The idea of pretreatment programming has been discussed by addiction counselors, treatment program directors and public health professionals ever since the “stages of change” model of addiction was introduced 20 years ago. The Transtheoretical Model of Change was created by and has continued to be pioneered by Carlo C. DiClemente, PhD and James O. Prochaska, PhD. Findings based on their observations of cigarette smokers who quit smoking were aptly applied to other addictions, most notably alcoholism and drug addiction.
Their model's five stages describe the process most people who quit an addiction take along their pathway to recovery: pre-contemplation, contemplation, preparation, action and maintenance. Although these are called “stages,” clearly no person takes these in order; over time individuals go in and out of these phases.
The concept of pretreatment
Pretreatment as a clinical concept is a natural offshoot of the Transtheoretical Model of Change's first three stages. The following definitions offer the author's interpretation of the model:
Pre-contemplation is that stage in which an individual is not acknowledging or recognizing any life problems connected to their addiction.
Contemplation is when the individual, having had moment(s) of truth from natural consequences coming from their addictive lifestyle, now begins to consider the possibility of a life problem perhaps connected to their use or abuse of alcohol and/or drugs.
Preparation occurs when an individual begins to consider possible ways in which to deal with their life problem area(s), such as entering a treatment program.
Action is seeking out and entering a treatment program.
Maintenance is living a lifestyle free from addiction.
These first three stages define “pretreatment” as a process that would seem naturally to precede professional care. However, this is not predictably how the stages progress with most people. In an ideal counseling world it would be advantageous for both client and counselor if the majority of treatment time could be spent on personal discovery issues rather than on primarily dealing with problem identification and treatment justification. Still, it is fundamental to recovery that an individual pass through these first three stages thoroughly, whether before or during treatment, if there is any hope for treatment to have an impact and for the patient to have long-term recovery success.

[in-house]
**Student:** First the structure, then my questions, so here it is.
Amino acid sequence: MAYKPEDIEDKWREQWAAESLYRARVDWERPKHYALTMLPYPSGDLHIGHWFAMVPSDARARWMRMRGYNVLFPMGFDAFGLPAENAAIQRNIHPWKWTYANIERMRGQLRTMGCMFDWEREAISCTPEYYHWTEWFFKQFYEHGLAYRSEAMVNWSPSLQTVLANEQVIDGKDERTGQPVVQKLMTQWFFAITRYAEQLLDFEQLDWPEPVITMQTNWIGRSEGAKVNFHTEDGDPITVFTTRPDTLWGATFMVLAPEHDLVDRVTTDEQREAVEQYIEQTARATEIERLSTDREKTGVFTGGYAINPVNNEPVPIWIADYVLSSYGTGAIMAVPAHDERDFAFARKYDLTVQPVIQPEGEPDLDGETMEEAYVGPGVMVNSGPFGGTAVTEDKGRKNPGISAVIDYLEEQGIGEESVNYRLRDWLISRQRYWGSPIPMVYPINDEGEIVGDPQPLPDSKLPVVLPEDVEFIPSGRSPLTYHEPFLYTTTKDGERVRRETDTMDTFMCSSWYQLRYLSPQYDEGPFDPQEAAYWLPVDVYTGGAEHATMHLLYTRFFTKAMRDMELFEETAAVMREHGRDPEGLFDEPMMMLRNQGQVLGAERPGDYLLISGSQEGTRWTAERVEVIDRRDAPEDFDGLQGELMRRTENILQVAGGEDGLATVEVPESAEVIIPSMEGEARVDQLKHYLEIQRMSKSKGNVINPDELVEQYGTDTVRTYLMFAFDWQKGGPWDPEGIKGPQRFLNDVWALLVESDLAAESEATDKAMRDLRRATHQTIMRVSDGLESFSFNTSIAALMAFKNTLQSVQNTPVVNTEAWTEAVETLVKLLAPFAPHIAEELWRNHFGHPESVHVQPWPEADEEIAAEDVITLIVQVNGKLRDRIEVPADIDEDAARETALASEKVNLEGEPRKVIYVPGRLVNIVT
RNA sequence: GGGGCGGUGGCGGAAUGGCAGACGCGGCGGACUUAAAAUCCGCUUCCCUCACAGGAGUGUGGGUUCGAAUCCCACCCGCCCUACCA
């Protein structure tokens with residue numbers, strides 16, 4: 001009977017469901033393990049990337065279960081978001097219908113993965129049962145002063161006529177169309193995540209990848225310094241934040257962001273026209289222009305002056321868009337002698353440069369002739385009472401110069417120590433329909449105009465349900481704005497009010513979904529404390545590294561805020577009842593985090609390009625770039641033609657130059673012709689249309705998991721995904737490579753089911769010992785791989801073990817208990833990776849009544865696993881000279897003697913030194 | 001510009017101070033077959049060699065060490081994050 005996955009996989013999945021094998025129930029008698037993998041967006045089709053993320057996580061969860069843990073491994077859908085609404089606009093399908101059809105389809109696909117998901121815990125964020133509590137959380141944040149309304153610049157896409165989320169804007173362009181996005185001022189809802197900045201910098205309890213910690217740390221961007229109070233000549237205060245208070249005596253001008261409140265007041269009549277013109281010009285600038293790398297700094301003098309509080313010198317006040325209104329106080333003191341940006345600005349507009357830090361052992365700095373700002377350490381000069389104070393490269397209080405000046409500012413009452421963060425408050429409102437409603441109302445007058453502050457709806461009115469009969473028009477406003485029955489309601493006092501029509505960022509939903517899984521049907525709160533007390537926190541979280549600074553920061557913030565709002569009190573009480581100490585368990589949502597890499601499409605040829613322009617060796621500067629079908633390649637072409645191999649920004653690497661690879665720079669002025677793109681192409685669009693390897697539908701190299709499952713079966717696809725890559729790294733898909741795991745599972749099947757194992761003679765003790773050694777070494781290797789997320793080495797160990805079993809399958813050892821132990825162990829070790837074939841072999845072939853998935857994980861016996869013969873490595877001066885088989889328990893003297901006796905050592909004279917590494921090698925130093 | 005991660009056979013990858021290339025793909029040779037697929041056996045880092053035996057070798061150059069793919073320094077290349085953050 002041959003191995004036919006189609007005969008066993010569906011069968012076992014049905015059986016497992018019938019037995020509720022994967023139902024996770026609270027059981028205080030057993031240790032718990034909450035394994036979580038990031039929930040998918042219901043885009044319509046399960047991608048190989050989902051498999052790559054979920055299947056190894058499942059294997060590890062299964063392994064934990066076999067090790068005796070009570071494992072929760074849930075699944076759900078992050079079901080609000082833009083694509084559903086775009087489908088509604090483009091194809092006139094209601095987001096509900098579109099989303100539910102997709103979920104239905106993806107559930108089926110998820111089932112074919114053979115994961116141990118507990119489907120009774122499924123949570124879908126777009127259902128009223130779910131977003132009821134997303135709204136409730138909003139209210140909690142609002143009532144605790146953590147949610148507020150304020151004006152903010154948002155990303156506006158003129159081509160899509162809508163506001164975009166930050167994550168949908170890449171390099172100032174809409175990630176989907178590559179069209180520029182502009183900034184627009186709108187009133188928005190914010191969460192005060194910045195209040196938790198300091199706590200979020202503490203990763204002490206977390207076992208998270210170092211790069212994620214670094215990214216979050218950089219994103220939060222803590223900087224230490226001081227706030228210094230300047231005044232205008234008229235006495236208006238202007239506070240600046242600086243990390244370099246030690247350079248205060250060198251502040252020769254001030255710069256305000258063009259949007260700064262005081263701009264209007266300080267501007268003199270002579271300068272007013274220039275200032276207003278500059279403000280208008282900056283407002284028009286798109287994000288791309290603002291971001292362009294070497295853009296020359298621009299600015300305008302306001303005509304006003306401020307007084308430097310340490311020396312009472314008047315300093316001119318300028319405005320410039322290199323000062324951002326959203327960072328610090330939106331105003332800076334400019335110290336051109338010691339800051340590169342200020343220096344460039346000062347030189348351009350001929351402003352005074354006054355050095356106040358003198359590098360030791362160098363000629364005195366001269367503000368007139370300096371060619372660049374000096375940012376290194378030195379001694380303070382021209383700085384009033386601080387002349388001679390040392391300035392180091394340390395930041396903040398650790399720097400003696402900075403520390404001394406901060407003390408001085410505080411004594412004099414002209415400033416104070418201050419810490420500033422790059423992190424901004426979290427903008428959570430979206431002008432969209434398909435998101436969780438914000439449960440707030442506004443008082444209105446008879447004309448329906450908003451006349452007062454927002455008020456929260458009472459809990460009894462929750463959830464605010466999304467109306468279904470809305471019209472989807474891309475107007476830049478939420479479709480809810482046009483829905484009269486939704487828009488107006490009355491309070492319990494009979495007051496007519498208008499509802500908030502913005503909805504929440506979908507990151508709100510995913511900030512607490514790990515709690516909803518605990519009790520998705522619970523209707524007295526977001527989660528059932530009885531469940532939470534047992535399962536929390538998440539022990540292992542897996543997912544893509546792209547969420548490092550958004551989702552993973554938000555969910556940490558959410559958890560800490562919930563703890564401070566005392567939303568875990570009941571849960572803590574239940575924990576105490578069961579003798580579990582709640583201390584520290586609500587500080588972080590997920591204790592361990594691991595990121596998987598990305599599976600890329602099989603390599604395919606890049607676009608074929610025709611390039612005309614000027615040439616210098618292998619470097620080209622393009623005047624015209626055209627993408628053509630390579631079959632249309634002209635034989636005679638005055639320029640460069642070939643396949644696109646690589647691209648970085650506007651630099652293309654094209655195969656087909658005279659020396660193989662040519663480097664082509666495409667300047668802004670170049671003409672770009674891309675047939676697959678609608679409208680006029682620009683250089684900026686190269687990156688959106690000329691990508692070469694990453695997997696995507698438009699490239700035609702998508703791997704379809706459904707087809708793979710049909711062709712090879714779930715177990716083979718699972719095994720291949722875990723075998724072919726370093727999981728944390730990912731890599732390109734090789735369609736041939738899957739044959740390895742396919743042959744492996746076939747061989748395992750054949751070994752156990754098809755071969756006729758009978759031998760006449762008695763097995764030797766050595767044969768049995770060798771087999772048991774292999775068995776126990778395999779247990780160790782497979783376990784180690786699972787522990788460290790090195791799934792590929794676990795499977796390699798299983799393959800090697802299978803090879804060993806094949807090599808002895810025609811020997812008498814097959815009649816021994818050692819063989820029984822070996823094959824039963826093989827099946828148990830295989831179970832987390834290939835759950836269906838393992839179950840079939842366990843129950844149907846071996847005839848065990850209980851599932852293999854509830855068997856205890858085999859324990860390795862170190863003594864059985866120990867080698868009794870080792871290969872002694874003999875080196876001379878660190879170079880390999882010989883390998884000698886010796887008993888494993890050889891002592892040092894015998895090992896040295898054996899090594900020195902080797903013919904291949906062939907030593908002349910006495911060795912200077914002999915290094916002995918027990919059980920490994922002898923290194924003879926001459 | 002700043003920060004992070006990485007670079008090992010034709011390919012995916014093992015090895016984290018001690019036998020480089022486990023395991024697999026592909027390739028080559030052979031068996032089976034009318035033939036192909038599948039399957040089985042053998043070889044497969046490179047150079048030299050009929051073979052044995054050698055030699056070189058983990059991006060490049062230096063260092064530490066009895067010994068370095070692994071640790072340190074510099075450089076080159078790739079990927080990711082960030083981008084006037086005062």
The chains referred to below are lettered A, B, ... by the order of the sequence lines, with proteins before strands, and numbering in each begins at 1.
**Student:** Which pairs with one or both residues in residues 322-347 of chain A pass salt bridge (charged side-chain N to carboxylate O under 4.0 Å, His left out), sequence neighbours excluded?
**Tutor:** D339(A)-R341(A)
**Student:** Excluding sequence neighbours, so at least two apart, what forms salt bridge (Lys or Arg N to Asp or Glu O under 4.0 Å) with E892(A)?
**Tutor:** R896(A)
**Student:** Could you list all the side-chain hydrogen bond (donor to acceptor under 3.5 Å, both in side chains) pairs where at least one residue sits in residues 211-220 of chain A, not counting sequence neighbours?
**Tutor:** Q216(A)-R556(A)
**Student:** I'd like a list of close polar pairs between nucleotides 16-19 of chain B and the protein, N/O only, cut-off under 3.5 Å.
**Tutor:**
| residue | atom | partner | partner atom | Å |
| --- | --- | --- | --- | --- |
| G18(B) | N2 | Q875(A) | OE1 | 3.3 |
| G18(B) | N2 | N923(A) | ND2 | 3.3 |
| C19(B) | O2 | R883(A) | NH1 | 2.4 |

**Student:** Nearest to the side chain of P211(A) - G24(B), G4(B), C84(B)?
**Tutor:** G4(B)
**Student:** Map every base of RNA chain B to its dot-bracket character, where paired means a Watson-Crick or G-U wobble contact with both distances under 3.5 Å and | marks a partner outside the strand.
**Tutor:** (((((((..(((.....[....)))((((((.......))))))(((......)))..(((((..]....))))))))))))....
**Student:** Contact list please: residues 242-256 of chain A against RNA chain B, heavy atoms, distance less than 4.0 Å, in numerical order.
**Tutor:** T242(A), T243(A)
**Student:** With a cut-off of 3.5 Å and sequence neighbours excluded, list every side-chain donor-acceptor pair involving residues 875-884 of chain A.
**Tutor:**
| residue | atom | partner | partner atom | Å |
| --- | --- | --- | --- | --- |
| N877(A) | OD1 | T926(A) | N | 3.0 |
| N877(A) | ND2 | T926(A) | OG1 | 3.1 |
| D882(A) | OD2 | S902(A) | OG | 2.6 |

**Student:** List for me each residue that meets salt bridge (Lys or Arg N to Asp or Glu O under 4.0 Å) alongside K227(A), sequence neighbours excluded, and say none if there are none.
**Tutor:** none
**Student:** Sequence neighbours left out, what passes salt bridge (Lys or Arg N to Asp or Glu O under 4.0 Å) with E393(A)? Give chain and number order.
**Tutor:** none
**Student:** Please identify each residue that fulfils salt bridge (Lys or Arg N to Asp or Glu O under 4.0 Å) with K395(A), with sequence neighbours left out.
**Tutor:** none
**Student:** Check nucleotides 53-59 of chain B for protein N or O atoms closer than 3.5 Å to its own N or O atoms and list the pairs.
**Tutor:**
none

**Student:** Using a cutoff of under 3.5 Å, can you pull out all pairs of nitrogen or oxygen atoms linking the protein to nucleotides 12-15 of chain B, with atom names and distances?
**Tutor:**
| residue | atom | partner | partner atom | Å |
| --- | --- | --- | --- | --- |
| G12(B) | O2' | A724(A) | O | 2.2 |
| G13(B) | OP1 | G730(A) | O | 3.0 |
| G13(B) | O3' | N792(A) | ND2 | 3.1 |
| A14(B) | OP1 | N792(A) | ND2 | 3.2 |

Pretreatment is not a panacea, but a well-designed pretreatment group can have a positive impact on these most important stages of change.
Pretreatment is often referred to as “interim groups” in the research literature. Data point out that those who attend a pretreatment group prior to entering a professional care program have advantages over those who do not attend pre-professional care, in four key areas. Significant identifiable increases occur with the attendees of these pretreatment groups in the areas of:
A higher “show” rate for the first day of scheduled treatment;
Satisfaction with participation in treatment activities;
Higher rates of treatment completion with staff approval; and
Higher rates of long-term recovery satisfaction at all follow-up periods.
Outcome research on pretreatment
A 2009 study conducted at Marquette University had the primary purpose of examining if pretreatment client characteristics were predictive of retention in an intensive outpatient substance abuse treatment program. The principal investigators' report states, “Clinically, this study has relevance as retention is clearly linked to client attributes that are amenable to change through the therapeutic process (e.g., motivation and psychiatric distress).”1
A specific finding in a 2007 comprehensive study points the way to pretreatment as a potential treatment improvement process. The investigators' report states that changes that occurred in pretreatment were significantly and positively predictive of frequency of abstinent days in four follow-up interviews.2
Another recent study conducted jointly by the departments of psychiatry and educational psychology at the University of Utah showed that the efficacy of “interim support groups” did in fact increase attendance on the first day of treatment. A logistic regression revealed that interim group attendance predicted whether a person with methamphetamine abuse would show up for treatment.3
All of these findings strongly suggest that those who attend a pretreatment program are more open to and better prepared for recovery philosophies, counseling wellness concepts and general treatment procedures that are otherwise foreign to the patient's way of life. These outcome studies would indicate that the pretreated individual's participation while actively in a treatment program is above average, more genuine and therefore more meaningful than it is for those who are not exposed to a pretreatment offering.
Waiting list management
Perhaps the best use of a pretreatment program is when it is combined with a waiting list.